Chloe Nordquist, a junior at Arizona State University’s Walter Cronkite School of Journalism and Mass Communication, is a sustainability journalism fellow at Zocalo Public Square.

Pat Morita in The Karate Kid. (1984). (Sony Pictures)

One day when I was nearly 9 years old, I beat up a boy so badly that he fell to the ground. 

I hadn’t done anything wrong. It was a friendly practice sparring match during an afternoon karate class. Instead of accepting his defeat gracefully, he got up, furious, and proceeded to chase me around the building. Being the shy, nonconfrontational person I was back then, I let him do this until he was scolded and told to calm down.

I’d been told that “boys never like getting shown up by girls” but never quite understood it until that day.

Growing up in karate made me different.  In elementary school, when my friends dreamed of becoming gymnasts or dancers — elegant and graceful — I dreamed of being able to break boards with my feet. I wanted to use sais (a kind of sword). I dreamed of being powerful and courageous.

I started at age 7, in a trial class offered by Arizona’s Best Karate at my elementary charter school. I liked it enough that I enrolled within weeks. 

Almost every afternoon was the same routine: put my uniform on, drive to karate with mom, bow (out of respect) at the door, put my sparring gear in the corner of the room, and bow (again, out of respect) onto the mat for class.

In Arizona, karate was officially a co-ed sport. But I climbed the ladder of belts with mostly boys at the same level and age as I was. In fact, I don’t remember there being any other girls in my immediate belt level. This didn’t bother me back then — I didn’t pay attention to gender roles (nor did I understand the term). I just thought I was a tomboy. 

I battled boys in practice but could not spar with boys in competition for reasons unknown to me. In some ways, that made competition harder. When too few girls signed up for sparring events, they combined my age group with the one above me. Most of my new competitors had already reached puberty. During one competition, I found myself sparring against a woman twice my size. I was scared but knew my mom was watching every move. I was kicked down several times but finished the meet.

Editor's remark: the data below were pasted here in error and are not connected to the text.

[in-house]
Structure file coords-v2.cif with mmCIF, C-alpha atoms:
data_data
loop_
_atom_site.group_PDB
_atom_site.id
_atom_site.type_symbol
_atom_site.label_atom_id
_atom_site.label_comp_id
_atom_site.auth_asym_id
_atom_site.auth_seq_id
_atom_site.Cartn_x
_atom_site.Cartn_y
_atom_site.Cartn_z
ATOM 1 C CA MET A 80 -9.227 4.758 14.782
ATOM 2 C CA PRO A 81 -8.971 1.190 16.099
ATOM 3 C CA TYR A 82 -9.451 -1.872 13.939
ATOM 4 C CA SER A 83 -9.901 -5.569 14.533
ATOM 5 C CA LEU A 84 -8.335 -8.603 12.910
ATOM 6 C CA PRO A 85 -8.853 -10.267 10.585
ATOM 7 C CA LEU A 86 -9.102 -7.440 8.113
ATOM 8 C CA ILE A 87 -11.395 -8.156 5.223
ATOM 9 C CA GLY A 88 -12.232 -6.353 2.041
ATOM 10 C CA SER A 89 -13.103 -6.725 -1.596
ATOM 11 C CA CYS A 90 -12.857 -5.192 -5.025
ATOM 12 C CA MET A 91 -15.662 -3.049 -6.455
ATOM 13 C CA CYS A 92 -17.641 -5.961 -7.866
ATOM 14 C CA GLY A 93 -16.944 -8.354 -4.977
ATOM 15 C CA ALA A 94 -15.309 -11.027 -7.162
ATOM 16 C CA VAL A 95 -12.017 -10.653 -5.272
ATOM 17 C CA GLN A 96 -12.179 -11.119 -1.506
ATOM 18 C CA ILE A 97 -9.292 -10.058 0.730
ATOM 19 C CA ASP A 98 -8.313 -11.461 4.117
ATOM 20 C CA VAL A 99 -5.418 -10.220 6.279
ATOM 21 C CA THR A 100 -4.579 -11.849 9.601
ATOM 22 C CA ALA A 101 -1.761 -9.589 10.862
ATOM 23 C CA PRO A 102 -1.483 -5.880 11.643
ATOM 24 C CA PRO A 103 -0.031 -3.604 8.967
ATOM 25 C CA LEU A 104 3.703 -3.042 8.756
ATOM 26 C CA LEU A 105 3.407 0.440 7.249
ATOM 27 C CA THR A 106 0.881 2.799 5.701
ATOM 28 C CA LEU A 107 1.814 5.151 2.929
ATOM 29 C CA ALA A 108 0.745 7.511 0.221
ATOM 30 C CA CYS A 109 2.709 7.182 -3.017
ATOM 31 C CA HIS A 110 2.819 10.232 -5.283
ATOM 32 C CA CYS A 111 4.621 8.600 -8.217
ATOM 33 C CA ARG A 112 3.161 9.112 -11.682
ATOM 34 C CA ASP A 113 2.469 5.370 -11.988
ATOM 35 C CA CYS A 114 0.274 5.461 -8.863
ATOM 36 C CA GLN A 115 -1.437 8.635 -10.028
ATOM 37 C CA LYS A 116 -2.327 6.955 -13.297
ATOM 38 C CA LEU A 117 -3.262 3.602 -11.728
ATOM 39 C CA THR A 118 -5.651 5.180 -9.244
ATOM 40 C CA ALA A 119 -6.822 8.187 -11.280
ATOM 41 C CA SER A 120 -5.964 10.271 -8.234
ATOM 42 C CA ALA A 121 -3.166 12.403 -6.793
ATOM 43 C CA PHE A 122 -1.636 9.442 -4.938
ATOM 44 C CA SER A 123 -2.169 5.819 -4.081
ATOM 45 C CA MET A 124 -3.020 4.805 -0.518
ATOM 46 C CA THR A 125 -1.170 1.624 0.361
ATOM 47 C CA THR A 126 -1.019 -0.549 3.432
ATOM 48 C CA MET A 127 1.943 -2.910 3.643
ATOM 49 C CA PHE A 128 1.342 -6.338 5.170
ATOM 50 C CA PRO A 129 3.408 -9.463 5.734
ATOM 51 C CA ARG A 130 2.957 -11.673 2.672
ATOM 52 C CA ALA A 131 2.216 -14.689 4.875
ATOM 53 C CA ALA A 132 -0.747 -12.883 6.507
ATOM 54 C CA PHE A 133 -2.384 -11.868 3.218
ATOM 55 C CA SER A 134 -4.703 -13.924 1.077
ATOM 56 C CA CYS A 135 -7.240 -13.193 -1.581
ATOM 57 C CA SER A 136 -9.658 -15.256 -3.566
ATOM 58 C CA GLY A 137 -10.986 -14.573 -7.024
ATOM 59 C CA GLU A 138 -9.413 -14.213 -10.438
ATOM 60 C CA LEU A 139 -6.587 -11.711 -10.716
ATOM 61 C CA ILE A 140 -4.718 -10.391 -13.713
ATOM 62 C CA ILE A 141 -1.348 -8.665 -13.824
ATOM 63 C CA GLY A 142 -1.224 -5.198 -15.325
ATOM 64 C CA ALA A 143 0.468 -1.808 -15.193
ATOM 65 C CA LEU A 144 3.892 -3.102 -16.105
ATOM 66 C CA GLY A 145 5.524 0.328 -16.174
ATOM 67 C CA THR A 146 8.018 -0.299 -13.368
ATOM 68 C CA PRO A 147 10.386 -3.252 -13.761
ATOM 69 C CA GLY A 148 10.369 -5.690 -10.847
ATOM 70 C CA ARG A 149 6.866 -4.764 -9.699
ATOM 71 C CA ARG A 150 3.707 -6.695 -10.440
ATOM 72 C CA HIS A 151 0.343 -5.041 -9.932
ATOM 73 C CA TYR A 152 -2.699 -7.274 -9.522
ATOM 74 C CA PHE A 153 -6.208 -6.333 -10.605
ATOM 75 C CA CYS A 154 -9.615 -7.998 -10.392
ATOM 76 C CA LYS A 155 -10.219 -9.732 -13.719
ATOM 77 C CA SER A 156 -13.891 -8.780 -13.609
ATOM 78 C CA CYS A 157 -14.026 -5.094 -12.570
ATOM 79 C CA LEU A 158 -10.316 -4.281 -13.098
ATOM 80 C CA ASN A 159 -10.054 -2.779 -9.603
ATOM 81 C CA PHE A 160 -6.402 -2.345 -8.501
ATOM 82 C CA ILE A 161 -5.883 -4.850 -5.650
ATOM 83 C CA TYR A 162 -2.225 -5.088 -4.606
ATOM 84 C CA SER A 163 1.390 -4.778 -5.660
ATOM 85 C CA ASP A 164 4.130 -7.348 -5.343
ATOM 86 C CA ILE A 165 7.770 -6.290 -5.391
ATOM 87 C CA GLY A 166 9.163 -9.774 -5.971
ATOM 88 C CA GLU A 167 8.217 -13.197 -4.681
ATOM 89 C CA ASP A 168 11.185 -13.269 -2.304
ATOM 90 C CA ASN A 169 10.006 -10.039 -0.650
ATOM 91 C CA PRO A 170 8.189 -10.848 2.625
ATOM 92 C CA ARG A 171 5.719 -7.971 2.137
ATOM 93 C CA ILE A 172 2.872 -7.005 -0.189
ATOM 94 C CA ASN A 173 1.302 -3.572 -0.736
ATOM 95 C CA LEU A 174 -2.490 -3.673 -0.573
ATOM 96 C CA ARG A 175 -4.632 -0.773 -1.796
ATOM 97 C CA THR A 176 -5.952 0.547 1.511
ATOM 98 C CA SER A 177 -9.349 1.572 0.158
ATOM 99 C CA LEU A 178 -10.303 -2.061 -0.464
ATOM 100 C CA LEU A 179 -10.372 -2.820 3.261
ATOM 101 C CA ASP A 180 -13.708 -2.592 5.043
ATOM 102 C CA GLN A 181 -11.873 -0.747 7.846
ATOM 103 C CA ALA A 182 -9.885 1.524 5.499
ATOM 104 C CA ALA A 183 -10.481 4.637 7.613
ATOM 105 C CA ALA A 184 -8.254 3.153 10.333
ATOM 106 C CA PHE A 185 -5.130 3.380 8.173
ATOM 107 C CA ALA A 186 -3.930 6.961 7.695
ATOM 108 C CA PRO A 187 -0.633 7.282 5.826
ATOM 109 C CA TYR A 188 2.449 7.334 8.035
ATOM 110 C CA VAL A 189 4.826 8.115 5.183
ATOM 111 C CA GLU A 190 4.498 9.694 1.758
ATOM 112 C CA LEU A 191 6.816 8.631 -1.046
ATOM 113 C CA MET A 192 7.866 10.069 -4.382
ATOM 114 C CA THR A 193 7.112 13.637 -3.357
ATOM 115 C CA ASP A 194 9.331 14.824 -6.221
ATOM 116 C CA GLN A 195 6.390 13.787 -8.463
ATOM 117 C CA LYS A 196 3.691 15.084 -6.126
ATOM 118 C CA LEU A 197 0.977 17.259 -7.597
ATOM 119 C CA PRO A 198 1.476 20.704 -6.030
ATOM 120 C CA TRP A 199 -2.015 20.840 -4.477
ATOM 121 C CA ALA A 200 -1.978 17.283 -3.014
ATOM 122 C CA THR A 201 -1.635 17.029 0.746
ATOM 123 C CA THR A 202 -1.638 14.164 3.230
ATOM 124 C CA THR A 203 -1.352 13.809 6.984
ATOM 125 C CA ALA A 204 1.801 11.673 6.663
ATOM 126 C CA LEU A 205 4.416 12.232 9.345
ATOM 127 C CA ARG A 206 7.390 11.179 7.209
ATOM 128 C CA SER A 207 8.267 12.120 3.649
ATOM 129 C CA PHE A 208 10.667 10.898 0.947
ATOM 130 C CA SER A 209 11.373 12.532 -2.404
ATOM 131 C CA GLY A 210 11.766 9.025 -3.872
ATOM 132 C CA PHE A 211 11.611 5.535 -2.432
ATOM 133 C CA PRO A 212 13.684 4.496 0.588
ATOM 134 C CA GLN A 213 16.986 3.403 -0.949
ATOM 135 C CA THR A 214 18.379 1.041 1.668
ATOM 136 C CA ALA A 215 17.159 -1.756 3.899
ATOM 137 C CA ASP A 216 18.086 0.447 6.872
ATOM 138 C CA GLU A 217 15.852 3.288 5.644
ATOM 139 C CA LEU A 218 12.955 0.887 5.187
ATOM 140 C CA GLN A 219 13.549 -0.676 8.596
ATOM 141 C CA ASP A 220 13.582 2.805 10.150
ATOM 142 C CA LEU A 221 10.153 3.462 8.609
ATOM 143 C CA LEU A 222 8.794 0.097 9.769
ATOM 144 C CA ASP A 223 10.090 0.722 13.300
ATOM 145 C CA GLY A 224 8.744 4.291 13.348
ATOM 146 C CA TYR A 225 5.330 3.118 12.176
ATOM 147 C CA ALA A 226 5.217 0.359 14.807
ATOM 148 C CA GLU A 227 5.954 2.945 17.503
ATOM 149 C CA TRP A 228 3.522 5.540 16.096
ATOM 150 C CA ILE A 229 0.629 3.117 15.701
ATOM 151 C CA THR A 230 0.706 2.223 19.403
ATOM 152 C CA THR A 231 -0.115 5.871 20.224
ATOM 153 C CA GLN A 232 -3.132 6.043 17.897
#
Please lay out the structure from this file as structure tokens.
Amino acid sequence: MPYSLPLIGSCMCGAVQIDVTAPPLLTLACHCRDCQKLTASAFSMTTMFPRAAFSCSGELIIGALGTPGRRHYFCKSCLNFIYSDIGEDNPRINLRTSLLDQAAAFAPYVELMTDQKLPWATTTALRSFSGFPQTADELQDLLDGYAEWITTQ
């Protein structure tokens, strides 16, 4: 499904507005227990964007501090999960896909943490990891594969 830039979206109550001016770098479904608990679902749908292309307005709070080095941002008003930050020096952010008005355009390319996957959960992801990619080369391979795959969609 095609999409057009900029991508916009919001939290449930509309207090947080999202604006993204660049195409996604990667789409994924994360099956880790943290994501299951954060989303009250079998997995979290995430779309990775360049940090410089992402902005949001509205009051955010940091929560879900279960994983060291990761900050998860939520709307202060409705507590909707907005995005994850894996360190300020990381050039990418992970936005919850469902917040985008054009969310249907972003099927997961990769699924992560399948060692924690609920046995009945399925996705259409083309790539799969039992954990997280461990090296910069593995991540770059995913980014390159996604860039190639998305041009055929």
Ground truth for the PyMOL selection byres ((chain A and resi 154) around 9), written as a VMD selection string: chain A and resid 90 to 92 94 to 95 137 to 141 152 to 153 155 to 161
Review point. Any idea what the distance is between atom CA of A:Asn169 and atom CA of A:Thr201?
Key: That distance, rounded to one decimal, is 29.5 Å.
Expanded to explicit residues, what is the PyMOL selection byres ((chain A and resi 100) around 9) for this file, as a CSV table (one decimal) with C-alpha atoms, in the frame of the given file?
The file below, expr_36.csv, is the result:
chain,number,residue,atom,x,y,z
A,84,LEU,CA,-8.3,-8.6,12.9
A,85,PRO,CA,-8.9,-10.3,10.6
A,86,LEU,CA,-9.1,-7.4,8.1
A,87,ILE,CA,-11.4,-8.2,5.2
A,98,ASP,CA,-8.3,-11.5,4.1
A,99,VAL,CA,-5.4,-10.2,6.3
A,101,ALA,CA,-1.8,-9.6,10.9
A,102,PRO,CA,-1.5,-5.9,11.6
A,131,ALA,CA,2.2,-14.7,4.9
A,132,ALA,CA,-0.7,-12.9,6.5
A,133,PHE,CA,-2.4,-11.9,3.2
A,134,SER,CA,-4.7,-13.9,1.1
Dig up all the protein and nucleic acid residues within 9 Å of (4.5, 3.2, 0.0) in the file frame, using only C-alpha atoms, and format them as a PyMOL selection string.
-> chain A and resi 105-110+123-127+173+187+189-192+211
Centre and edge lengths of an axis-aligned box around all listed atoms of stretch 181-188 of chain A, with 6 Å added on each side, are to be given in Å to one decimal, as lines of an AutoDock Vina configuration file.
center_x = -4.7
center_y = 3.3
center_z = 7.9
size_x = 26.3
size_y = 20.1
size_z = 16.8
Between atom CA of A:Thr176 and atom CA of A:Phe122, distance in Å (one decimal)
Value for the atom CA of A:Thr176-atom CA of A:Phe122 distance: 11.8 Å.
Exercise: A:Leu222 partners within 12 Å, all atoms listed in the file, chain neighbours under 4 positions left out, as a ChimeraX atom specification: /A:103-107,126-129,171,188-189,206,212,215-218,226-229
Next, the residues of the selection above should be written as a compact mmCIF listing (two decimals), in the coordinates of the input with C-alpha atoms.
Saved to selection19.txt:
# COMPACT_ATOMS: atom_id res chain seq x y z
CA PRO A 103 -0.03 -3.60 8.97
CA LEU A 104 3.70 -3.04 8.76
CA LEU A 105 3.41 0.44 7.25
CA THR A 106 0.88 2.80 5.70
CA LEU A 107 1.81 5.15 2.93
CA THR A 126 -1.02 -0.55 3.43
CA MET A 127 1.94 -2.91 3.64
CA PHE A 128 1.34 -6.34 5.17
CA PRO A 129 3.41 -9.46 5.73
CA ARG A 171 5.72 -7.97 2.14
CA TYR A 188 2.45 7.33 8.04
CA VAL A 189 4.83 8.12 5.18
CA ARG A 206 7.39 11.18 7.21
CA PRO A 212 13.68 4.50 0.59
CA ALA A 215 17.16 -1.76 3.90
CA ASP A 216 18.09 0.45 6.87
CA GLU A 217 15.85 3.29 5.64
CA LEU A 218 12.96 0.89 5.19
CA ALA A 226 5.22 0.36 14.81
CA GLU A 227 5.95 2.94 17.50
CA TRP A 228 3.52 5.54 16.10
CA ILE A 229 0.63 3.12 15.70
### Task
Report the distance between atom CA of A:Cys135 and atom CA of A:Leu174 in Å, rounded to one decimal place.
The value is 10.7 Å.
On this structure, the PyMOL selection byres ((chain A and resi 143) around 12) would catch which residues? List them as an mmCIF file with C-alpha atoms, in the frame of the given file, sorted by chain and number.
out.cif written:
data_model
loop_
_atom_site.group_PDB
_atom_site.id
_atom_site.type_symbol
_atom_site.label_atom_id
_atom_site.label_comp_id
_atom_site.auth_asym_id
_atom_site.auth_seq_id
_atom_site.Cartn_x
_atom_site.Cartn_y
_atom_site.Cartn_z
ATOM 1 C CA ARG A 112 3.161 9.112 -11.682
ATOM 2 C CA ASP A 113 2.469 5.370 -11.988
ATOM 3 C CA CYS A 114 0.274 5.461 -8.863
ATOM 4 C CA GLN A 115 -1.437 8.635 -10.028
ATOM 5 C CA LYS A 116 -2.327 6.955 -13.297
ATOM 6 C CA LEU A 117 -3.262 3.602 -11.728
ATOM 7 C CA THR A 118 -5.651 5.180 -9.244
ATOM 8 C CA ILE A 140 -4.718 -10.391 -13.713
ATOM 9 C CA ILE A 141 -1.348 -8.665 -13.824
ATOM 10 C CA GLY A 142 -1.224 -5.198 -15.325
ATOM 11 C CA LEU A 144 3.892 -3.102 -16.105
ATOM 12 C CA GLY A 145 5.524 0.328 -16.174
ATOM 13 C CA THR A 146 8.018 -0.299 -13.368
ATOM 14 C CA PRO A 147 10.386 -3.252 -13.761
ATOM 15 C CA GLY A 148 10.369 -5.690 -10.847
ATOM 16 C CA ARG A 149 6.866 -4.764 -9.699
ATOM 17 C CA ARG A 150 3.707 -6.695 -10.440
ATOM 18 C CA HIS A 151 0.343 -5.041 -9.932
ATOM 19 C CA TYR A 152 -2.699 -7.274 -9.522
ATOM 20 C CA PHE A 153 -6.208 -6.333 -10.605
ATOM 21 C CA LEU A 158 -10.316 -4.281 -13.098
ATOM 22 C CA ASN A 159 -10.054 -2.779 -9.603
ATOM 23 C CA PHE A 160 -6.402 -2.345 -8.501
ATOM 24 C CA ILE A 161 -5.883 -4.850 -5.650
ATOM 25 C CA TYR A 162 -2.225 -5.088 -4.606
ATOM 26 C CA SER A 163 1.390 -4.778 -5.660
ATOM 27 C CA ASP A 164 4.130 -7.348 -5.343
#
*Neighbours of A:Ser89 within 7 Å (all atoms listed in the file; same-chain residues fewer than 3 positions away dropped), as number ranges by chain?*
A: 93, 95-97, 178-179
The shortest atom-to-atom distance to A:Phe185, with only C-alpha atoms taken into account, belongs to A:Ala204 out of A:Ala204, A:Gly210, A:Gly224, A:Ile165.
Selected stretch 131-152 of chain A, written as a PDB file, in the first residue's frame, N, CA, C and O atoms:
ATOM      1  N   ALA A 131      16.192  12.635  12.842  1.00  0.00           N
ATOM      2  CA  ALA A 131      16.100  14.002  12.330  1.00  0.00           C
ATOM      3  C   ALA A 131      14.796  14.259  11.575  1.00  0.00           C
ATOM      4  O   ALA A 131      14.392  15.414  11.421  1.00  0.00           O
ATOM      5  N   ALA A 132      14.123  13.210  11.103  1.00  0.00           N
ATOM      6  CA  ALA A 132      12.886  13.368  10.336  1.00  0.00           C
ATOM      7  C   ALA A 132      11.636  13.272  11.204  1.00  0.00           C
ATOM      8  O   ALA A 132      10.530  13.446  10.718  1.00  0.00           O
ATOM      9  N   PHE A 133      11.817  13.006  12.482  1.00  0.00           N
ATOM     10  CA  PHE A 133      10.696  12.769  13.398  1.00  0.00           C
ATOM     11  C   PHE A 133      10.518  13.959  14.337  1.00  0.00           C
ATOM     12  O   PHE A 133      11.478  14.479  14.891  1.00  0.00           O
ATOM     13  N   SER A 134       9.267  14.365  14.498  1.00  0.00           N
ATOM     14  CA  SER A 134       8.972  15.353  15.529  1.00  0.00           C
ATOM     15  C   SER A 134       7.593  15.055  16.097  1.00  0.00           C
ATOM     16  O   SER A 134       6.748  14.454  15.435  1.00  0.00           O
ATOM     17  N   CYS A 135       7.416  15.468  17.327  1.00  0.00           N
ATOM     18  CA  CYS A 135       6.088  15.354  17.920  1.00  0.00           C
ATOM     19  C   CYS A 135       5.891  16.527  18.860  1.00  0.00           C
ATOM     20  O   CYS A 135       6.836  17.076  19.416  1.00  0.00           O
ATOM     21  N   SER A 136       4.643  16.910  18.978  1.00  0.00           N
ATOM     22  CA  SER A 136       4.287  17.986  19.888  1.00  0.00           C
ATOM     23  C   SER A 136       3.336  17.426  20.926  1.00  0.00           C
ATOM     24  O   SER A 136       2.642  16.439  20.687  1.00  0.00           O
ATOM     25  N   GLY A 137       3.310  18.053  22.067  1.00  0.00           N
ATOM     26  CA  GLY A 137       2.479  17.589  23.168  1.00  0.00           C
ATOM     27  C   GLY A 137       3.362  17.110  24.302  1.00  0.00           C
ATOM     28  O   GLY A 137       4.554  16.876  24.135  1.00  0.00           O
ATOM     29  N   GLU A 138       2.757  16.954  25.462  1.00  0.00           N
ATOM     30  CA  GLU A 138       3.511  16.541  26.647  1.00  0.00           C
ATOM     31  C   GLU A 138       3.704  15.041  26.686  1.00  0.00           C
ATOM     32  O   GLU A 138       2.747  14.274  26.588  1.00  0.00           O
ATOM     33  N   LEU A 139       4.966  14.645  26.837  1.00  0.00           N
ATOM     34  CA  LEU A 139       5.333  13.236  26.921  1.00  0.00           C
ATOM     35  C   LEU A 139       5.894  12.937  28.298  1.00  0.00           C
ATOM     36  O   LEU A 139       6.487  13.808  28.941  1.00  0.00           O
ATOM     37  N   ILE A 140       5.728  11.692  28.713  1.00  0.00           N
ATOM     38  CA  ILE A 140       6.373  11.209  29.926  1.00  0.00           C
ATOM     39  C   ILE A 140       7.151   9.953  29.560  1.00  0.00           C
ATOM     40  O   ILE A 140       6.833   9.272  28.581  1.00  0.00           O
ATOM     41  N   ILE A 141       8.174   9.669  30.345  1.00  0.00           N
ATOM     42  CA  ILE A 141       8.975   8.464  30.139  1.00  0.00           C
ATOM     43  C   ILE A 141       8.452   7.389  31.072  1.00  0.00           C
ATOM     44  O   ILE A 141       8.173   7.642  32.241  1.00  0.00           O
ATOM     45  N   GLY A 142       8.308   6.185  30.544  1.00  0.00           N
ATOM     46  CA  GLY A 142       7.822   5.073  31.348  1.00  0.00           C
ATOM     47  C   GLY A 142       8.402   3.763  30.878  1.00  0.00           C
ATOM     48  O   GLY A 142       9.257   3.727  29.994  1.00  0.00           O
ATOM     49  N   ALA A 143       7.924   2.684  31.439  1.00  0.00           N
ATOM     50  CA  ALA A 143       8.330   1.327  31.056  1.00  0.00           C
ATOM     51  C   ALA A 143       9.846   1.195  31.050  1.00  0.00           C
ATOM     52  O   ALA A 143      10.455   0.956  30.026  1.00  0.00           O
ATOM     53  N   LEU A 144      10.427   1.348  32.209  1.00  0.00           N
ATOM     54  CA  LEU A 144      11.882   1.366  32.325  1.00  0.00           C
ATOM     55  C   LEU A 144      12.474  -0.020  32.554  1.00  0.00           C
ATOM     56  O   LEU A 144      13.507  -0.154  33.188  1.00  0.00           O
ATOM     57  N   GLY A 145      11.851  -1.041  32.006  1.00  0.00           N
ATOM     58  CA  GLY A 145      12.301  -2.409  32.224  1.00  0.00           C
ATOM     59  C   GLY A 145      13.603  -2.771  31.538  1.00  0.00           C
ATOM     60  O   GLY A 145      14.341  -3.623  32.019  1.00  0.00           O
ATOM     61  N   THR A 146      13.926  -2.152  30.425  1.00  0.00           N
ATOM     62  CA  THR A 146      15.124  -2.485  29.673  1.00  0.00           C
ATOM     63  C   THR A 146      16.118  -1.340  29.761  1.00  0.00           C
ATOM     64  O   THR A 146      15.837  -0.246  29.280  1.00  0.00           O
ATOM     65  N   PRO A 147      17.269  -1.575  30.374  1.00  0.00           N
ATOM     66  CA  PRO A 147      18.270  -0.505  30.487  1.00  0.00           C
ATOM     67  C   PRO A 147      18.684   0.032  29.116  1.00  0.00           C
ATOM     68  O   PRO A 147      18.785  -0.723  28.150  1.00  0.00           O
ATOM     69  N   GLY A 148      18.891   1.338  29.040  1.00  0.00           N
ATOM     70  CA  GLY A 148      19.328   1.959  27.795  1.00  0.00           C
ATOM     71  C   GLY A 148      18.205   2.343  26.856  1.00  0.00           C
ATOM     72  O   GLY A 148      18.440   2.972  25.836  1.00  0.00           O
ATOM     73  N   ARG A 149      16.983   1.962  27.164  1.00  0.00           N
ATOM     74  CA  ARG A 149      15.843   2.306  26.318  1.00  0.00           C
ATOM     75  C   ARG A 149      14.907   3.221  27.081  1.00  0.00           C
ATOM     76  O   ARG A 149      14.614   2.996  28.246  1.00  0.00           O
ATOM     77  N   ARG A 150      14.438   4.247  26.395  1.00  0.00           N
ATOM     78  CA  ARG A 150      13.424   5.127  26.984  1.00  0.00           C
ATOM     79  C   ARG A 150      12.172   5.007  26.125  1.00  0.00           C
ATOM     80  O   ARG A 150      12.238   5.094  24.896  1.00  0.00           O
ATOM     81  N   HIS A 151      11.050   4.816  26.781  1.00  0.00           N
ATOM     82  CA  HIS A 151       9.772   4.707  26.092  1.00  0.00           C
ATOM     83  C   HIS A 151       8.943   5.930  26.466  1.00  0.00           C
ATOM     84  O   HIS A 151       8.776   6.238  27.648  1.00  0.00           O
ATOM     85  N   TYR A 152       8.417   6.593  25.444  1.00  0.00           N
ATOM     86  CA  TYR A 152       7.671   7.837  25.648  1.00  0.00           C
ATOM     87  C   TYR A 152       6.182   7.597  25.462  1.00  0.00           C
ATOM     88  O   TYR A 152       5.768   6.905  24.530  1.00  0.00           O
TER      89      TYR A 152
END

As I neared the end of my training at 10 years old, I went to practice every afternoon and on Saturdays. In November 2005, I graduated with my black belt.

I was in excellent physical shape and had great confidence, but I couldn’t wait to finish. I had grown tired of the constant practice and lack of social life outside the studio.

Looking back now, I feel bittersweet about ending my career the day I got my black belt. Hands down, karate had more of an impact on my life and growth than any other experience I had growing up. I learned respect, courage, focus, determination, commitment and hard work, skills that stuck with me in high school and now college.

More than anything though, karate taught me to stick to my guns. I remember, once, at a “show and tell” in elementary school, I performed a karate form to “The Star-Spangled Banner.” A karate form is similar to a dance number but instead of twirls and leaps, it consists of kicks, spins and punch combos. I remember nailing the performance and being proud of myself as I kicked the air above my head while holding our nation’s flag in one hand and the Japanese flag in another. The class, however, was more impressed with the ballerina and the tap dancer.

I didn’t care.

 This story was written in partnership with Zocalo Public Square.